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That sounds like a good option. I ride my /2 onto the lift with enough momentum to
hit the stop; never try to power it up the ramp -I know it's slick. Klaus sleeps there.
If I work on my GSA, I always push it up as I'll surely lose footing & drop it someday.
I have scrap carpet remnants which goes under the motor area and centerstand,
giving my centerstands traction to lever the bikes up.
Why didn't I get one years ago, I hope there is a bit of wisdom mixed in there somewhere.
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Things to consider:
1. It takes up A LOT of floor space. I hope you have the shop/garage real-estate. It does have casters.
2. The stock wheel clamp is almost useless. Drill the holes and use the $39 roll-in wheel clamp. Works great.
3. USE the lift stop/locks. Don't rely on the hydraulics.
4. Check the jack fluid. Mine was a little low.
5. Make sure you don't let anything roll under the table, or you may tip the bike (don't ask me how I know, luckily I caught it).
6. I looked for a used, heavy duty lift but never found one. I'll bet it would host much more than $300 to build one unless you had all of the steel for free.
Los Alamos, NM
CBX; KZ1300; Alazzurra; R75/5; SR500
Would something like this work? I worry about the oil pan: Thanks!
'78 R100/7 '69 R69S '52 R25/2
Fast. Neat. Average. Friendly. Good. Good.
Good spot on the center stand, thanks. Will add those to the long list of things to replace...schrader7032 wrote: ↑Thu Nov 12, 2020 9:28 amI wouldn't use it because as you say you're worried about the oil pan. When I've worked on my R69S, I do one wheel at a time which I suppose slows things down. I notice that your rear wheel is very close to the ground when on the center stand. That suggests that the center stand stops are worn a bit. My tire is higher and I find that when on the center stand, I can open up the rear fender hinge and remove the rear tire out the back. When doing the front tire, I use a floor jack and put a little up pressure on the loop of the engine case guards...I guess that's a benefit of having them. That let's me get the front tire off and provides a little stability.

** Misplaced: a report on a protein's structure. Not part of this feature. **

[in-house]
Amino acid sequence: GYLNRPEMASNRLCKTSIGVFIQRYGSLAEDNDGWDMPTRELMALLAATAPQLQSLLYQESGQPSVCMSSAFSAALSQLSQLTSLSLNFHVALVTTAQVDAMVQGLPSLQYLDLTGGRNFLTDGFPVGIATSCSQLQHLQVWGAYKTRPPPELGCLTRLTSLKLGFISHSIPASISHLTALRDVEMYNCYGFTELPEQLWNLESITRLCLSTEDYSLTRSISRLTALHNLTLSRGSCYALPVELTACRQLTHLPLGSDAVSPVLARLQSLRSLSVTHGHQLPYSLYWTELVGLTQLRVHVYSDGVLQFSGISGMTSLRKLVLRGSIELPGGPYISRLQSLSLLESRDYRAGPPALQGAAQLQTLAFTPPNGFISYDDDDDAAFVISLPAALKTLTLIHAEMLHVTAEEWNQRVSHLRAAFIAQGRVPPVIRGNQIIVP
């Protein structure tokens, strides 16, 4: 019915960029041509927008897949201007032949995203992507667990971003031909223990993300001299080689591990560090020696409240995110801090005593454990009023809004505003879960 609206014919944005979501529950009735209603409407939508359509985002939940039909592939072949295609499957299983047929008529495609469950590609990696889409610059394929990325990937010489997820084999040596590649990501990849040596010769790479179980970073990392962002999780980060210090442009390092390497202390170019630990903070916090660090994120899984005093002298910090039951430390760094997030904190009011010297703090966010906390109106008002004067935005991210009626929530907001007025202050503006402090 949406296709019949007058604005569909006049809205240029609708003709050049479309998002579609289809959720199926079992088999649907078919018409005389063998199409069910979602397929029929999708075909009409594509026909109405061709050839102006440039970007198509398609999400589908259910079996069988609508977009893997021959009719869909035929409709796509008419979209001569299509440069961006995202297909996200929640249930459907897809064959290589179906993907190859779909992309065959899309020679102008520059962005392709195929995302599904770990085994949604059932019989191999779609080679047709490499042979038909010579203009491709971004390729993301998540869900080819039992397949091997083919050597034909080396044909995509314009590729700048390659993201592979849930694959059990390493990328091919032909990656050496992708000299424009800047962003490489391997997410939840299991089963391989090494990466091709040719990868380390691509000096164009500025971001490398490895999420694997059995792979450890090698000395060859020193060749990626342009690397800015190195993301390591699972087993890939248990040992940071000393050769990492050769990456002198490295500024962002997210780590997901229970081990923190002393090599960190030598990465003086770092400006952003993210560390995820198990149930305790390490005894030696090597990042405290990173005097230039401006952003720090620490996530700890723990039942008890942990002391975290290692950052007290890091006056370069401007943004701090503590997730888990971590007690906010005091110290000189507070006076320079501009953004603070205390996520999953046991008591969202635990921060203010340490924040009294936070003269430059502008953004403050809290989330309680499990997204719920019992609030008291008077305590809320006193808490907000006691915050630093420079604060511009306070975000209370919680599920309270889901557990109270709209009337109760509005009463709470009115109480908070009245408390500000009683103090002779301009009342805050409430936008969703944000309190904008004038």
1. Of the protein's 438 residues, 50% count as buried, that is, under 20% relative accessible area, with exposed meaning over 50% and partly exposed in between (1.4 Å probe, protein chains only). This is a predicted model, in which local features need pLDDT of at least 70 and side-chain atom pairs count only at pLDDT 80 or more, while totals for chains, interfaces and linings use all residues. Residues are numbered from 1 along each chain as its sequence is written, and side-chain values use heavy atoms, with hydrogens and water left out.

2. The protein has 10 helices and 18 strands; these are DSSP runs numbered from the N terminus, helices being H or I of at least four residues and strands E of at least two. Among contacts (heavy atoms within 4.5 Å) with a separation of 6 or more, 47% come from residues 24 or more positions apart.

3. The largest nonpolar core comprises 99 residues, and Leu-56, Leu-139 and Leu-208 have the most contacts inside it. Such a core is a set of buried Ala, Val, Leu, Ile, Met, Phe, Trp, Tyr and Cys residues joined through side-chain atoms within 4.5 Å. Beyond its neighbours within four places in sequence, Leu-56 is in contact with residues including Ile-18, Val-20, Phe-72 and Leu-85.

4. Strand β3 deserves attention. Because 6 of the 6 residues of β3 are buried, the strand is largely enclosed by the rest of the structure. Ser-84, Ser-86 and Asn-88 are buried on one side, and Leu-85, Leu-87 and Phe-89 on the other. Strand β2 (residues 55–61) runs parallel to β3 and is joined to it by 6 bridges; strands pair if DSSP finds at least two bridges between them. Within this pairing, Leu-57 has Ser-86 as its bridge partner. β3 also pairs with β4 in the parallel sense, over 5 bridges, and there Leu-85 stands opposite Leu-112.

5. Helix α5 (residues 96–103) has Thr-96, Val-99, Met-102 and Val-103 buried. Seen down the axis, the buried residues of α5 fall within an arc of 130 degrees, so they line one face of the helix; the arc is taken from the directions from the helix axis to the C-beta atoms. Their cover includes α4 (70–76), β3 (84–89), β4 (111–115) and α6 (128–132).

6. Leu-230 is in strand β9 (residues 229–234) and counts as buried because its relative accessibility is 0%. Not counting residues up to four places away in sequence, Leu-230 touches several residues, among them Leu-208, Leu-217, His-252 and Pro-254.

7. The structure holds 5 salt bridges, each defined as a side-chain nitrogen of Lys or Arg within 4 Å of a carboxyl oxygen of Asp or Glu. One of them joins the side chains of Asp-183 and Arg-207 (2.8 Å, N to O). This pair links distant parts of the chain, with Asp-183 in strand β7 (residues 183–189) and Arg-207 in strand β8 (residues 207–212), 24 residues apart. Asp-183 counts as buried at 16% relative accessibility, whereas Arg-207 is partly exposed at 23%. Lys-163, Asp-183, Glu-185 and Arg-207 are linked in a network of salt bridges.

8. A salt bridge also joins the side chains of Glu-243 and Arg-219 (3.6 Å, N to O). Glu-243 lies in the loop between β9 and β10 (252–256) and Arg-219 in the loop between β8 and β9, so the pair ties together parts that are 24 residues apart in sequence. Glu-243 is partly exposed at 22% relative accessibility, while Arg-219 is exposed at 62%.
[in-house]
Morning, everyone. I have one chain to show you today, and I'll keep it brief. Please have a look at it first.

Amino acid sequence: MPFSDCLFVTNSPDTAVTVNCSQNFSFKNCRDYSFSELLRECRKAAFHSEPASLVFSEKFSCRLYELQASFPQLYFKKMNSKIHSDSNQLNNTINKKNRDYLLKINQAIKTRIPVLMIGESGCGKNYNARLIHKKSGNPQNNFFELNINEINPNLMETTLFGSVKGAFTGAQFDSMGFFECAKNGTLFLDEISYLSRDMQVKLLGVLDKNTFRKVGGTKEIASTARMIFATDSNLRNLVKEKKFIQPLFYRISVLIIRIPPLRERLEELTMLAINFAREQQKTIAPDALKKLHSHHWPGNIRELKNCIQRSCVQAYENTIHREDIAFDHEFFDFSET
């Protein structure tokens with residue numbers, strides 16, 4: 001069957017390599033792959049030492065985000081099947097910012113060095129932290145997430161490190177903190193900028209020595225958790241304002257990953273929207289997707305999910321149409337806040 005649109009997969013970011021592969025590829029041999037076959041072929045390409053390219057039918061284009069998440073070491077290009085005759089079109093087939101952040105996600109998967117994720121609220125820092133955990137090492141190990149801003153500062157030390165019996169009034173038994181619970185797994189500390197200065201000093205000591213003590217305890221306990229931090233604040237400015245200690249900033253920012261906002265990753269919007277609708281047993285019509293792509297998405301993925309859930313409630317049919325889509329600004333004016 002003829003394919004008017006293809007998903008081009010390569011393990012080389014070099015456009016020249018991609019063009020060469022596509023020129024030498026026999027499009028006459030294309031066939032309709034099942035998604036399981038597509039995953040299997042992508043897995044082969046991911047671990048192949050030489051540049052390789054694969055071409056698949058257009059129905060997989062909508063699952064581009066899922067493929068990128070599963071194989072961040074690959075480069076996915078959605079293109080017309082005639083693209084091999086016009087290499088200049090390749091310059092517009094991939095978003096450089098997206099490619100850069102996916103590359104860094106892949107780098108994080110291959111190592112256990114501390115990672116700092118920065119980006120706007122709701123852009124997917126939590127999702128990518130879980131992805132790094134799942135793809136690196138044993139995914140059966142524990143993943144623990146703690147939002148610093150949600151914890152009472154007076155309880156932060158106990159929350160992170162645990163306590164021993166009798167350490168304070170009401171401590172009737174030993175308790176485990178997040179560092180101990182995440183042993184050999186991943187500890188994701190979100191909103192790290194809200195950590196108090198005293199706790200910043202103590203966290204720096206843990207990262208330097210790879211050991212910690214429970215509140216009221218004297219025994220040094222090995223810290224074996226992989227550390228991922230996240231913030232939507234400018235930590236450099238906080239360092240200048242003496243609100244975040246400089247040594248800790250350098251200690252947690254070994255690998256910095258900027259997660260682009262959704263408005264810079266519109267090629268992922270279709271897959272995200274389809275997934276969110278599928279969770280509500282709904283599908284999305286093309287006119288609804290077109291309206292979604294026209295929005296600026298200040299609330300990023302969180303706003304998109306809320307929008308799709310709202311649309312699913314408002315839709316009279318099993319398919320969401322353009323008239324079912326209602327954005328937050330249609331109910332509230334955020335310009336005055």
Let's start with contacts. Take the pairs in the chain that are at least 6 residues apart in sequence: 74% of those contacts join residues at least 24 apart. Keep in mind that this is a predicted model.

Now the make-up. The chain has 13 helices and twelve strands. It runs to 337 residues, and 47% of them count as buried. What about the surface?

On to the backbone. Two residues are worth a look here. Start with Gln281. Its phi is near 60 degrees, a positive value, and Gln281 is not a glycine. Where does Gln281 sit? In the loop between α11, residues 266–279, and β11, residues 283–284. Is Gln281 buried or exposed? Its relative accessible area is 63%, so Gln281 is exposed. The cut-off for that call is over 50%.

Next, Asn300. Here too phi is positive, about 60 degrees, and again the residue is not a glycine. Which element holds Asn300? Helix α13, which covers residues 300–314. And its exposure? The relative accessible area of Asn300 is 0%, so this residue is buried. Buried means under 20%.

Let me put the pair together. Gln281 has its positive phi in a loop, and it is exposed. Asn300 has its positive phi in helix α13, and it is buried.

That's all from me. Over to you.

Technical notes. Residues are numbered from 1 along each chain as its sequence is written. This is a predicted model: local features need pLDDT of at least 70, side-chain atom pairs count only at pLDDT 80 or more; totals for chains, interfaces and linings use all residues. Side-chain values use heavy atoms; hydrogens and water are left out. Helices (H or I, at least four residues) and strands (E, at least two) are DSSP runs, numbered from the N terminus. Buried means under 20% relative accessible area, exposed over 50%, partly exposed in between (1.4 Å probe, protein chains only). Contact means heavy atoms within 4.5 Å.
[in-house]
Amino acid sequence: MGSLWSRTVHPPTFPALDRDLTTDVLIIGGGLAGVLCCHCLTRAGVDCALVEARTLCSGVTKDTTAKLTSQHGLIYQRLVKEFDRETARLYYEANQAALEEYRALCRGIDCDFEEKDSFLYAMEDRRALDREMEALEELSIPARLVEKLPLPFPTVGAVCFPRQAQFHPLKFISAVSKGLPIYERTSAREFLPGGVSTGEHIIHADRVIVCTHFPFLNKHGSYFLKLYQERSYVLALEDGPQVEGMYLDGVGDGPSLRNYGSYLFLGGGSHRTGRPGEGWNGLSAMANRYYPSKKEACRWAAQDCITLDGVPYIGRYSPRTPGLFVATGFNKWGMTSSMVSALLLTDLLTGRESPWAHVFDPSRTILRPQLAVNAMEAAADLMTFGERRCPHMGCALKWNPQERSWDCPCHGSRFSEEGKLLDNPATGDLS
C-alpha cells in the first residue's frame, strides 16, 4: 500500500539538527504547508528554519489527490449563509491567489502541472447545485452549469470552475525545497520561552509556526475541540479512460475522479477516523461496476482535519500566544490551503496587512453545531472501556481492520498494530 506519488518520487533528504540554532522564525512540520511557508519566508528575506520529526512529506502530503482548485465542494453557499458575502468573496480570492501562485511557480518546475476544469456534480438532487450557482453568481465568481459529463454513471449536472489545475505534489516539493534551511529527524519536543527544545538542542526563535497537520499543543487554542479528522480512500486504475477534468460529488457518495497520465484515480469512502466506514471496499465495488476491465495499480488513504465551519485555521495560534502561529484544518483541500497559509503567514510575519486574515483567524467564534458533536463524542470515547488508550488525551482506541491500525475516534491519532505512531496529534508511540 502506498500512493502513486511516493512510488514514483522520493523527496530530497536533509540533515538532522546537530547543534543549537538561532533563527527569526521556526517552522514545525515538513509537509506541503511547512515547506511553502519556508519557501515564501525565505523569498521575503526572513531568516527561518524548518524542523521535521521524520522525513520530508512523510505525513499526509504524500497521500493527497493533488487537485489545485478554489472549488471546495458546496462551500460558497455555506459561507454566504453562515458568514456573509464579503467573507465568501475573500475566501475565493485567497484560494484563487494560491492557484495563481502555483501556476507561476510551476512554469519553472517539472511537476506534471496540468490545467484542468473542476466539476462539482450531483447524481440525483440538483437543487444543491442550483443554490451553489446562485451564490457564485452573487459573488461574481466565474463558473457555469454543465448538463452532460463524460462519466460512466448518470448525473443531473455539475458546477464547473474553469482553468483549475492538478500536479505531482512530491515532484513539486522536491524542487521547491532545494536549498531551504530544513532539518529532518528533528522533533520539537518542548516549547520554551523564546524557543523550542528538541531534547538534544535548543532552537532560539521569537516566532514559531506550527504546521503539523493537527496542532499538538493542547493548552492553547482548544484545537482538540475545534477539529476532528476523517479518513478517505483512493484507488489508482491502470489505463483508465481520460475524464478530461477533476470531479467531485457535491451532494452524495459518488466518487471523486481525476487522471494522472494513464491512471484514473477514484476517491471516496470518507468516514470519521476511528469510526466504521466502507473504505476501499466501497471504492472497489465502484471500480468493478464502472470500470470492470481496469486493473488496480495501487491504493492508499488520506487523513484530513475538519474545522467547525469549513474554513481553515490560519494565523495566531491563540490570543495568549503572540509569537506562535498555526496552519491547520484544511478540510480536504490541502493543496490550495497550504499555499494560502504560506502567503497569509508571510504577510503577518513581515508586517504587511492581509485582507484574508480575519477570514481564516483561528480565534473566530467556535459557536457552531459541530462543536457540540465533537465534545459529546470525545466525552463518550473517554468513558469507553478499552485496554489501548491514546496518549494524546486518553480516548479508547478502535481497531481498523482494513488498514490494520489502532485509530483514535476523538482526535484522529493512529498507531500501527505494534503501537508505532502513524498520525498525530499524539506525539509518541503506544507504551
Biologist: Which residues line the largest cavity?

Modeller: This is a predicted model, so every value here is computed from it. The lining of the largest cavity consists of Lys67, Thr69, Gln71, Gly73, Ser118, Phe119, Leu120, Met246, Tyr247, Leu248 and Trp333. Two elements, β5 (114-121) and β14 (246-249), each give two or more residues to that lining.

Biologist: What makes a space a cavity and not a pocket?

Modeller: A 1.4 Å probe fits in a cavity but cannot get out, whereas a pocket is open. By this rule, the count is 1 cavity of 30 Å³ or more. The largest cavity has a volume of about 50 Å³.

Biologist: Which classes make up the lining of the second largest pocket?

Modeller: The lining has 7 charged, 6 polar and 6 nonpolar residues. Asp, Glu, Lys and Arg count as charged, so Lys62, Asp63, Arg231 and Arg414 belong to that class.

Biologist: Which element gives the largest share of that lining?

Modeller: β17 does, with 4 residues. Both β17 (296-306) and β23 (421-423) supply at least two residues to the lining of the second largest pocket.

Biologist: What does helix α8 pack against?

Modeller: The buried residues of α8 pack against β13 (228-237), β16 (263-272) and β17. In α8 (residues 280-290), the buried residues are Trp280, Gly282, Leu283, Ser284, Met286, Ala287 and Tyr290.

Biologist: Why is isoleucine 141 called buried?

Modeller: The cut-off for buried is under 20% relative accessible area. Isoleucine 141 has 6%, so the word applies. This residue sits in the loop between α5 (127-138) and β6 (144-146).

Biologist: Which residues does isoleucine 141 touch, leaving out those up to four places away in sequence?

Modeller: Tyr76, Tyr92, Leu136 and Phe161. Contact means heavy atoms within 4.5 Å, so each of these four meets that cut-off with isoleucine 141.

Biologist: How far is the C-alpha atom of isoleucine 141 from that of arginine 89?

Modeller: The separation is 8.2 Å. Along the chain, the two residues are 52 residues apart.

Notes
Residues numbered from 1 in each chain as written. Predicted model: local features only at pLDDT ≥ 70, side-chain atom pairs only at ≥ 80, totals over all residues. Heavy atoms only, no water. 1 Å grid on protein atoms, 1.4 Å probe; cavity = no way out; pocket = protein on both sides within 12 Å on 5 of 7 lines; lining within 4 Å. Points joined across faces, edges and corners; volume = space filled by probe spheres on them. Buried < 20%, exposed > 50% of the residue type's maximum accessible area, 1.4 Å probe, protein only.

If you want to see a really nice bike lift, check out K&L, it is what most of the pro shops use around central texas.
Just something to consider.
Two features I like: 1) the front wheel chock. It's a "roll-on" type of chock which will hold the bike up by the front wheel so you can secure straps to the rear. It allows you to put a bike on the lift by yourself. 2) the removable rear wheel shelf. The last 1/3rd of the lift is a removable shelf that when removed - allows the back wheel to hang over the end of the lift provided you have supported the center of the bike (I have a scissor-lift block jack)
The u-shaped brace that captures the front tire is a bit wide for any of my bikes, but it works fine. I may modify that brace to fit my wheels more snugly but not too snug because it might make it harder to pull the bike out of the wheel chock when it's time to take the bike off the lift.The only thing I added to the lift were stick-on traction strips. Happy with this lift.